Blog|April 1, 2022
The separate collection of discarded textiles will be mandatory in EU member states by 2025 and in Finland by 2023. Accordingly, the most R&D efforts have been directed to recycling. Still, circular economy is much more than just recycling. Extending product lifetimes is the best option to minimize environmental impacts. Both aspects are important – the recently launched EU Strategy for Sustainable and Circular Textiles sets design requirements for textiles to make them last longer, easier to repair and recycle, as well as requirements on a minimum recycled content to be included.
Textile circulation will improve in the future
When a textile product is discarded, it can be directed to reuse purposes via collecting and sorting or back to textile production via recycling. Recently, however, most of the discarded textiles in Finland (61% in 2019) have been utilized for energy production. This means that a large number of textiles has ended up in mixed waste, even when they could have been collected for reuse or recycling. Collecting of reusable textile products has been carried out in Finland for a long time by reuse centres and charities. Once the separate collection of discarded textiles begins, also broken and other non-reusable textiles are collected for utilization. This collection and processing of textiles into new raw materials will be carried out via various actors and channels. A great amount of long-term development work has been done in collaboration to make this possible, for example in the Telaketju-network, and in November 2021 the first North European circular economy facility to refine end-of-life textiles into recycled fibre was opened in Paimio.
Extending product lifecycles opens new business opportunities
In addition to recycling activities, it is important to extend the lifetime of textile products and make their use more efficient. This is where services play a key role, including various types of rental services, as well as maintenance services, such as repair and washing. The disruption that has already occurred in the way we consume entertainment, such as music, television and literature is also slowly happening in the textile industry. In the future, textile users will have more opportunities to decide whether to select clothes from a monthly based on-demand rental service or to buy a piece of clothing to own.
New types of product-as-a-service (PaaS) businesses, such as clothing libraries, are emerging to supplement the offerings of retail and more traditional evening wear rental companies. Transferring the ownership from consumers to companies supports circularity, as the efficiency of using a product increases. As companies can extend the revenue from a single product over time, it makes more sense to design high-quality and timeless products, which can be easily maintained. For the user, the PaaS-models provide access to high-end products with a moderate cost and a more sustainable way of enjoying fashion without always having to buy something new.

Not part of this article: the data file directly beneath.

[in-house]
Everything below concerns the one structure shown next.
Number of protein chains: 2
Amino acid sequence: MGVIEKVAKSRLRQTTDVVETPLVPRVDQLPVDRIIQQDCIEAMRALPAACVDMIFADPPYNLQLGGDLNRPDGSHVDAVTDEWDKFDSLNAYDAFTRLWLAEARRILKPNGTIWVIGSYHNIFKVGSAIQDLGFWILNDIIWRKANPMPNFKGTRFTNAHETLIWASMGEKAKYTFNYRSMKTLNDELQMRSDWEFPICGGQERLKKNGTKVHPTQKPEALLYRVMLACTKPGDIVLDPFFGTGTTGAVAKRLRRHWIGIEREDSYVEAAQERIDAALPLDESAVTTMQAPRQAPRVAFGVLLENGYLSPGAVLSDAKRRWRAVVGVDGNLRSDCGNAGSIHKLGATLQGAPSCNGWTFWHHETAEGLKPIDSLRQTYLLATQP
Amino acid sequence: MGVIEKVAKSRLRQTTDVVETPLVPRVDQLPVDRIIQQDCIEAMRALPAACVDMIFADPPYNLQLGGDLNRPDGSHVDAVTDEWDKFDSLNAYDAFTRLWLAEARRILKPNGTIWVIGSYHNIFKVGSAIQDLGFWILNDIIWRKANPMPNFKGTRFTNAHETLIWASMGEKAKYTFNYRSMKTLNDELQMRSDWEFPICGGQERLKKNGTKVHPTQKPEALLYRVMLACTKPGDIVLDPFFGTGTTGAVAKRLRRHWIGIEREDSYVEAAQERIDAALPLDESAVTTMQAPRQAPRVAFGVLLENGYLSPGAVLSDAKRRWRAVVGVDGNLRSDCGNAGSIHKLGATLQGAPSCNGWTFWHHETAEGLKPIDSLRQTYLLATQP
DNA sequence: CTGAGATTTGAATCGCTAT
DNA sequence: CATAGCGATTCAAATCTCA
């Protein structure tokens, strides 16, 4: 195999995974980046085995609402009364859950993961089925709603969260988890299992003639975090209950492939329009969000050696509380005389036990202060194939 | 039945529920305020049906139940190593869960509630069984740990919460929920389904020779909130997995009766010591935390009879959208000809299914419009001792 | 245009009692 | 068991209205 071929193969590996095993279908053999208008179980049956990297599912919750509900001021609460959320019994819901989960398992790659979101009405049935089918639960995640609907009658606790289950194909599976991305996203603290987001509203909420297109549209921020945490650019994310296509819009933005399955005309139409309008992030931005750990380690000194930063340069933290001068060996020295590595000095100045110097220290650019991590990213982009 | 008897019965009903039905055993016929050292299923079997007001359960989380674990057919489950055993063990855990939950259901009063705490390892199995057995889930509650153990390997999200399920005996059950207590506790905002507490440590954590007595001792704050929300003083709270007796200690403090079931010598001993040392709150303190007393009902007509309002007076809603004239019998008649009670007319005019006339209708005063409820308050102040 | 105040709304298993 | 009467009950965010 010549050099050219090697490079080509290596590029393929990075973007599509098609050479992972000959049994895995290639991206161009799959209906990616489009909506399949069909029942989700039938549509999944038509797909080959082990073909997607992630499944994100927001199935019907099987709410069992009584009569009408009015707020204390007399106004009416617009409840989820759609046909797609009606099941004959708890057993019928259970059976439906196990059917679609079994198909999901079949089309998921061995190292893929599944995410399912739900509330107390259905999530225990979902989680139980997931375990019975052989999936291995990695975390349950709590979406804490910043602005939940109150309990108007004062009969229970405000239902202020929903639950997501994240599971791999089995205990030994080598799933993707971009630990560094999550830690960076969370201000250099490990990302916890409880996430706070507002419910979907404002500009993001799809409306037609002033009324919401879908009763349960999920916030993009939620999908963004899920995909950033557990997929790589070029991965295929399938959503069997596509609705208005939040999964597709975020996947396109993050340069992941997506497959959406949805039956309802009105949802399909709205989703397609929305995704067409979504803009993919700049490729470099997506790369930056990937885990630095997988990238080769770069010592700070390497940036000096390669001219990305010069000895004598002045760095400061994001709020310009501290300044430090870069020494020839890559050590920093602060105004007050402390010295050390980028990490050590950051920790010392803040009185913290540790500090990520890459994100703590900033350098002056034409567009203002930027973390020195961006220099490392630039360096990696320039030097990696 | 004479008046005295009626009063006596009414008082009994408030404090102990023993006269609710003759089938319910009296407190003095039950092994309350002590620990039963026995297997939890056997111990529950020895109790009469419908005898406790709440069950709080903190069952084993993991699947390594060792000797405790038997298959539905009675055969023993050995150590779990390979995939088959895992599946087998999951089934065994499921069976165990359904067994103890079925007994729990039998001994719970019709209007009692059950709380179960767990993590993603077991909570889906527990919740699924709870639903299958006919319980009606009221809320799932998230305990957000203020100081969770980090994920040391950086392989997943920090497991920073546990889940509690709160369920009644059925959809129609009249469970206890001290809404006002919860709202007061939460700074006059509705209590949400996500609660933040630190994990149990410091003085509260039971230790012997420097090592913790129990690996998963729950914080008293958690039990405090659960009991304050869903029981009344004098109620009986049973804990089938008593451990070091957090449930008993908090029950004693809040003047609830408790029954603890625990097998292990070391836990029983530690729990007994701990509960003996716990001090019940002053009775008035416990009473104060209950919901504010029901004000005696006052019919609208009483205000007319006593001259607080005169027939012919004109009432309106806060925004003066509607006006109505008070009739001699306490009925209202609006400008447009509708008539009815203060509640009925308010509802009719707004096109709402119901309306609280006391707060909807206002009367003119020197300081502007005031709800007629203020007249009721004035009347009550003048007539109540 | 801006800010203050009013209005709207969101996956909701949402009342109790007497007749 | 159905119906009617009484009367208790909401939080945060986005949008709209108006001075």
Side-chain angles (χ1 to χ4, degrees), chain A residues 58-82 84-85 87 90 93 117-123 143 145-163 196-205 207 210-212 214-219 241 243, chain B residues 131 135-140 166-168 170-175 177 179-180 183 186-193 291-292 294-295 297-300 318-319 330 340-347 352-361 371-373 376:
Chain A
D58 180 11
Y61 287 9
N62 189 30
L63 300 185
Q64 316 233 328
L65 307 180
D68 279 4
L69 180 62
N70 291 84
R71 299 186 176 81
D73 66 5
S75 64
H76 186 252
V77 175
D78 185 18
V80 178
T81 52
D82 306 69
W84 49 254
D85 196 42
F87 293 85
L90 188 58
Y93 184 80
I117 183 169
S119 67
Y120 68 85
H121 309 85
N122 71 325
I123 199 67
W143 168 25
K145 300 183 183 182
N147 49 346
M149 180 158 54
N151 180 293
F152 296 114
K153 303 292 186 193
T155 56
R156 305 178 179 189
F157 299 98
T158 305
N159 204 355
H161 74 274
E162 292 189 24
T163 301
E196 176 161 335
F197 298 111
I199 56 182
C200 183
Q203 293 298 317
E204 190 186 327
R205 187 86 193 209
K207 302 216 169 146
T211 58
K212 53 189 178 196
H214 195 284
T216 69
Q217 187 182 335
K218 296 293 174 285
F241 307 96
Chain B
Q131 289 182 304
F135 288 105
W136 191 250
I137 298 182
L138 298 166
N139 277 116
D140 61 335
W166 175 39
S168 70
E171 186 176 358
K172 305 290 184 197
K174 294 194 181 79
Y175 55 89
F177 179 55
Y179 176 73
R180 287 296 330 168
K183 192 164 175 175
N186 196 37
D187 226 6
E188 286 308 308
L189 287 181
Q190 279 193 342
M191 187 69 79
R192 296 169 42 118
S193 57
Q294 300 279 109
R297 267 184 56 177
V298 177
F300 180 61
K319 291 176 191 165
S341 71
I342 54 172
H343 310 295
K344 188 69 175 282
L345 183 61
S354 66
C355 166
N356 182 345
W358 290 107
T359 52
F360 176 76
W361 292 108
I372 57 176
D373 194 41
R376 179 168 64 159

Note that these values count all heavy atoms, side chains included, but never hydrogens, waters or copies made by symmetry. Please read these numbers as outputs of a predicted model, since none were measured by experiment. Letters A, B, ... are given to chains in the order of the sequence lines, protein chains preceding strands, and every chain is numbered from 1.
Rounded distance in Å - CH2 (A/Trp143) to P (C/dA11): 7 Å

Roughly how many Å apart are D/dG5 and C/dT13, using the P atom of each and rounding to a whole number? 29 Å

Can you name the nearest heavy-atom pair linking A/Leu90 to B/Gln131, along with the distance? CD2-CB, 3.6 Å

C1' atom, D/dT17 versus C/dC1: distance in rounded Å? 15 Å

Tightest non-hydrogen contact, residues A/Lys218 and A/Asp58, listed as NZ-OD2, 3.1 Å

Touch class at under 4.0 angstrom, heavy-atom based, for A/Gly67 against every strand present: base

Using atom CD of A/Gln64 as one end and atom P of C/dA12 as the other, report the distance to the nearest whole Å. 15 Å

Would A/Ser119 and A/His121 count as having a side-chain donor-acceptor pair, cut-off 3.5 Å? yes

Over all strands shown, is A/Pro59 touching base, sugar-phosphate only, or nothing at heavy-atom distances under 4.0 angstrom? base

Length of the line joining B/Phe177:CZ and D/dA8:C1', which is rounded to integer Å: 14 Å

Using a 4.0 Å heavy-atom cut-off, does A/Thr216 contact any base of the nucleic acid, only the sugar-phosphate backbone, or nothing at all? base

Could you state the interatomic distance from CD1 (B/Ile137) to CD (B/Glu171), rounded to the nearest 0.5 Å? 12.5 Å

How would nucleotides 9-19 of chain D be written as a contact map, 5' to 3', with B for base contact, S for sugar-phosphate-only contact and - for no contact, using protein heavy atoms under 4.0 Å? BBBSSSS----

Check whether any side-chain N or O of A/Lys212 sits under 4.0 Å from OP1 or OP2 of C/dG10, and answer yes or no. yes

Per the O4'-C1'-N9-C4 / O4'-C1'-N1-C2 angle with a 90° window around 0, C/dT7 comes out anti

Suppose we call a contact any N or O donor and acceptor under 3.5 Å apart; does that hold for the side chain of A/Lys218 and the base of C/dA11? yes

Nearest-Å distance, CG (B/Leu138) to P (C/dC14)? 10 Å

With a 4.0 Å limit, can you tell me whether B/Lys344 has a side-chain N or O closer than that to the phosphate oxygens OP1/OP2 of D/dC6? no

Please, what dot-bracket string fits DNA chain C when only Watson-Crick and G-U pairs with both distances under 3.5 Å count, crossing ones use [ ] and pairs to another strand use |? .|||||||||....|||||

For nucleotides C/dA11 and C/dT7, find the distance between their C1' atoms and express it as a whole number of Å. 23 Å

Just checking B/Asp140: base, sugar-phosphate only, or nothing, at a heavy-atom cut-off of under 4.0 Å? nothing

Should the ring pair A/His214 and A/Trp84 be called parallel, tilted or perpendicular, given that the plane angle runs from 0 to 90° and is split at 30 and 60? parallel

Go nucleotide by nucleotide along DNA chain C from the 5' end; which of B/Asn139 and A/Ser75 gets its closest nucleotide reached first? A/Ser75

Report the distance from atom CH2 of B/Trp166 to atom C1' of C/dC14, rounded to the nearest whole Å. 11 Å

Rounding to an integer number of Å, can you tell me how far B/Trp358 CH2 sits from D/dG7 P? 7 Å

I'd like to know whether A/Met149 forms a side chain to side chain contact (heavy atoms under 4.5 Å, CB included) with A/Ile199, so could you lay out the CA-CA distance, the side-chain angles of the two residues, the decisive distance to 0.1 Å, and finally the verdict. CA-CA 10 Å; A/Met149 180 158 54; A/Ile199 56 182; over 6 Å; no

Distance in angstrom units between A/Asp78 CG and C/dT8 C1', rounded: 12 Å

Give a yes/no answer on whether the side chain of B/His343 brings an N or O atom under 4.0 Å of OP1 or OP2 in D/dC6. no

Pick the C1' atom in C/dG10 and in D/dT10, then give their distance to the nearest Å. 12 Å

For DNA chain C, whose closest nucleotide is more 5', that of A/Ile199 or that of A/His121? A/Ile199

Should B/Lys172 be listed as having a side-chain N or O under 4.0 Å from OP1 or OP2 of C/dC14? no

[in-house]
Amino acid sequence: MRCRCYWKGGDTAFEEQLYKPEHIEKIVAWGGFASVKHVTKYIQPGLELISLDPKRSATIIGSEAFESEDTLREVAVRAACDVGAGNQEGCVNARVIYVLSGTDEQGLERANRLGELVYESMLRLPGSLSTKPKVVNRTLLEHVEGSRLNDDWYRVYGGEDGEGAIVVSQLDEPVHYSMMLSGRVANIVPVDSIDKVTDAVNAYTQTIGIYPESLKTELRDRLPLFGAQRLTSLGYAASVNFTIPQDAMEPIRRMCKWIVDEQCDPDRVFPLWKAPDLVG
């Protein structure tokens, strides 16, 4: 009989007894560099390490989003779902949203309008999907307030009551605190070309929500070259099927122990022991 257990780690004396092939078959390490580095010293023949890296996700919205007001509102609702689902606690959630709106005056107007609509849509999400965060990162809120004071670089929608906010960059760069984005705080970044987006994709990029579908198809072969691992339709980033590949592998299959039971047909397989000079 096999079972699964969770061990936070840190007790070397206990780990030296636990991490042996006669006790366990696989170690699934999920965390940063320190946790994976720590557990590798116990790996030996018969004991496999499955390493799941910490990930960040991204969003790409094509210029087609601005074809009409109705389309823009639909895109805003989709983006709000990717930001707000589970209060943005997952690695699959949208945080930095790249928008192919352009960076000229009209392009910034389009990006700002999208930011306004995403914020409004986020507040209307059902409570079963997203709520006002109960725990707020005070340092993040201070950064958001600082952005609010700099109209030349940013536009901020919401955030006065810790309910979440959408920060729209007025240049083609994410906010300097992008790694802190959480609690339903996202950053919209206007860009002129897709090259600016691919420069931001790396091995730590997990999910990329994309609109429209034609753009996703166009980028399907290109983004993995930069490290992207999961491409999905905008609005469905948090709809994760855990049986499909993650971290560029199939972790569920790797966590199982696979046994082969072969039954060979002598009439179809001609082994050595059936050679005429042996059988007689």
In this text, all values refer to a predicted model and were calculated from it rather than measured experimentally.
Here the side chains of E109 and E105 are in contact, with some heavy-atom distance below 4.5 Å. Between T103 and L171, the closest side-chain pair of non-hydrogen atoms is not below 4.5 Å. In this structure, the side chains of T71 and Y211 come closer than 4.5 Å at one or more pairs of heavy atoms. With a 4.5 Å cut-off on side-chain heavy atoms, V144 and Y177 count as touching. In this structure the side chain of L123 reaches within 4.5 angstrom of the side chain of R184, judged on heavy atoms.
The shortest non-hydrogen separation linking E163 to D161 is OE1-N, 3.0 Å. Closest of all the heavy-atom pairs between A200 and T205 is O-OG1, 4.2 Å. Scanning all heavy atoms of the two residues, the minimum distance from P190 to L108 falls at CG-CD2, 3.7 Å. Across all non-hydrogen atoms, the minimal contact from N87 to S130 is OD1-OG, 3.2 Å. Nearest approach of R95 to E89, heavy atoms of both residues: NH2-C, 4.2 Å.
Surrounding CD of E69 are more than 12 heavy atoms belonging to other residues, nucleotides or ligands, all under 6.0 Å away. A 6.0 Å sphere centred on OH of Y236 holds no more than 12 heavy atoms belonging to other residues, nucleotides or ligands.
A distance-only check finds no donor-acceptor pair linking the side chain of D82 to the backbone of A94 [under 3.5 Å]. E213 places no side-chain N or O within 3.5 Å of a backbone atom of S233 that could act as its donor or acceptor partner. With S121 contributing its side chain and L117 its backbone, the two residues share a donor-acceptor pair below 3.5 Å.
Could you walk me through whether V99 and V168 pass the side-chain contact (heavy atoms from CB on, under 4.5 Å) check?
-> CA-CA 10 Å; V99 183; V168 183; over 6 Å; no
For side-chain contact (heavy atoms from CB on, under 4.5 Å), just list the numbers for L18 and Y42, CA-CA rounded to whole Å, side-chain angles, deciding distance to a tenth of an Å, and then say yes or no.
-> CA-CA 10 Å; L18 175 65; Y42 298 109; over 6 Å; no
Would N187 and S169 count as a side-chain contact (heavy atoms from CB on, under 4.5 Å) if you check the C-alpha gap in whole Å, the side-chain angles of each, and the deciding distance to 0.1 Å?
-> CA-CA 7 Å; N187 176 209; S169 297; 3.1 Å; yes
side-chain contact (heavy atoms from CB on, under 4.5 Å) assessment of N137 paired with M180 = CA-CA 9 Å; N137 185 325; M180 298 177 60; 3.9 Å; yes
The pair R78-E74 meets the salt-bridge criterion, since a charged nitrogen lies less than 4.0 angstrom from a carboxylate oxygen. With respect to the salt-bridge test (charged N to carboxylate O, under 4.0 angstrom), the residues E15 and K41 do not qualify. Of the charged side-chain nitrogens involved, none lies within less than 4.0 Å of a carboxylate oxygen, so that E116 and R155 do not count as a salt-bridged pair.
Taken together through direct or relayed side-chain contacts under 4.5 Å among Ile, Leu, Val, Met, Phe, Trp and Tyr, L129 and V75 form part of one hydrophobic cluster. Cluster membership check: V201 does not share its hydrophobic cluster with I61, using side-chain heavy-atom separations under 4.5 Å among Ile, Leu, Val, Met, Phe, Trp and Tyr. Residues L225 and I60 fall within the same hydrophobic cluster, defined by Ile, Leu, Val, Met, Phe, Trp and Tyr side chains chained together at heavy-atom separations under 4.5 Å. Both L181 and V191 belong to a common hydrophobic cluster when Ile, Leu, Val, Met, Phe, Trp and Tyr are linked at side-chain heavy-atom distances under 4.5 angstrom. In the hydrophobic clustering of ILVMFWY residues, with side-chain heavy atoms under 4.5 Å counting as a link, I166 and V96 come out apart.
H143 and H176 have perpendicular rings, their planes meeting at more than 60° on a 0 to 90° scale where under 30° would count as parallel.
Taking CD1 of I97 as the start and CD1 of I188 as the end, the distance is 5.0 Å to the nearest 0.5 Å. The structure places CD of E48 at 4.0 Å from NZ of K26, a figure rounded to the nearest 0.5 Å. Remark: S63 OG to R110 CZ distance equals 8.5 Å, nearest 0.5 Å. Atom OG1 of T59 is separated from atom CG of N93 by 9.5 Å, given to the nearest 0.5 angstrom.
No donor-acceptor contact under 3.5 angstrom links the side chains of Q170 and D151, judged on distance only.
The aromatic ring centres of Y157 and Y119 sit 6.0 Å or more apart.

In the novel PaaS models, it is important to consider how the model is organized: who is responsible for each function, and how are the logistics and maintenance of a product organized. The evaluation of the environmental impact, especially the carbon footprint, becomes more complicated when the use and maintenance cycles are repeated. Transportation plays a significant role: the distance between the provider and the user, the transportation methods (walking/cycling, car, public transport) and delivery methods (post and other logistics service providers) all affect the environmental footprint.
Data is needed to ensure sustainability in circular activities
To design more sustainable textile products, to evaluate the environmental impact of the different alternatives, and to organize the activities and services in a sustainable way, we need data. In the Circular Design Network (CircDNet) project, funded by the Academy of Finland, we aim to build a basis for better utilization of data in the circular economy. In the future textile business, knowledge-based product design and service design are in a key position. Companies operating in the textile sector have a significant role in realizing circular economy and increasing the sustainability of textiles, by offering us better products and services from an environmental point of view.
However, we as consumers also play an important part. The new sustainable consumption habits require changes in our way of thinking. Regardless of whether we purchase a product or utilize PaaS models, we should treat our textile products and materials more respectfully and maintain them better – shift our minds from consuming into the role of a user, a maintainer and a recycler.
This blog has been written in collaboration with Circular Design Network -project and the Telaketju -network. A version of this blog in Finnish can be found behind this link .
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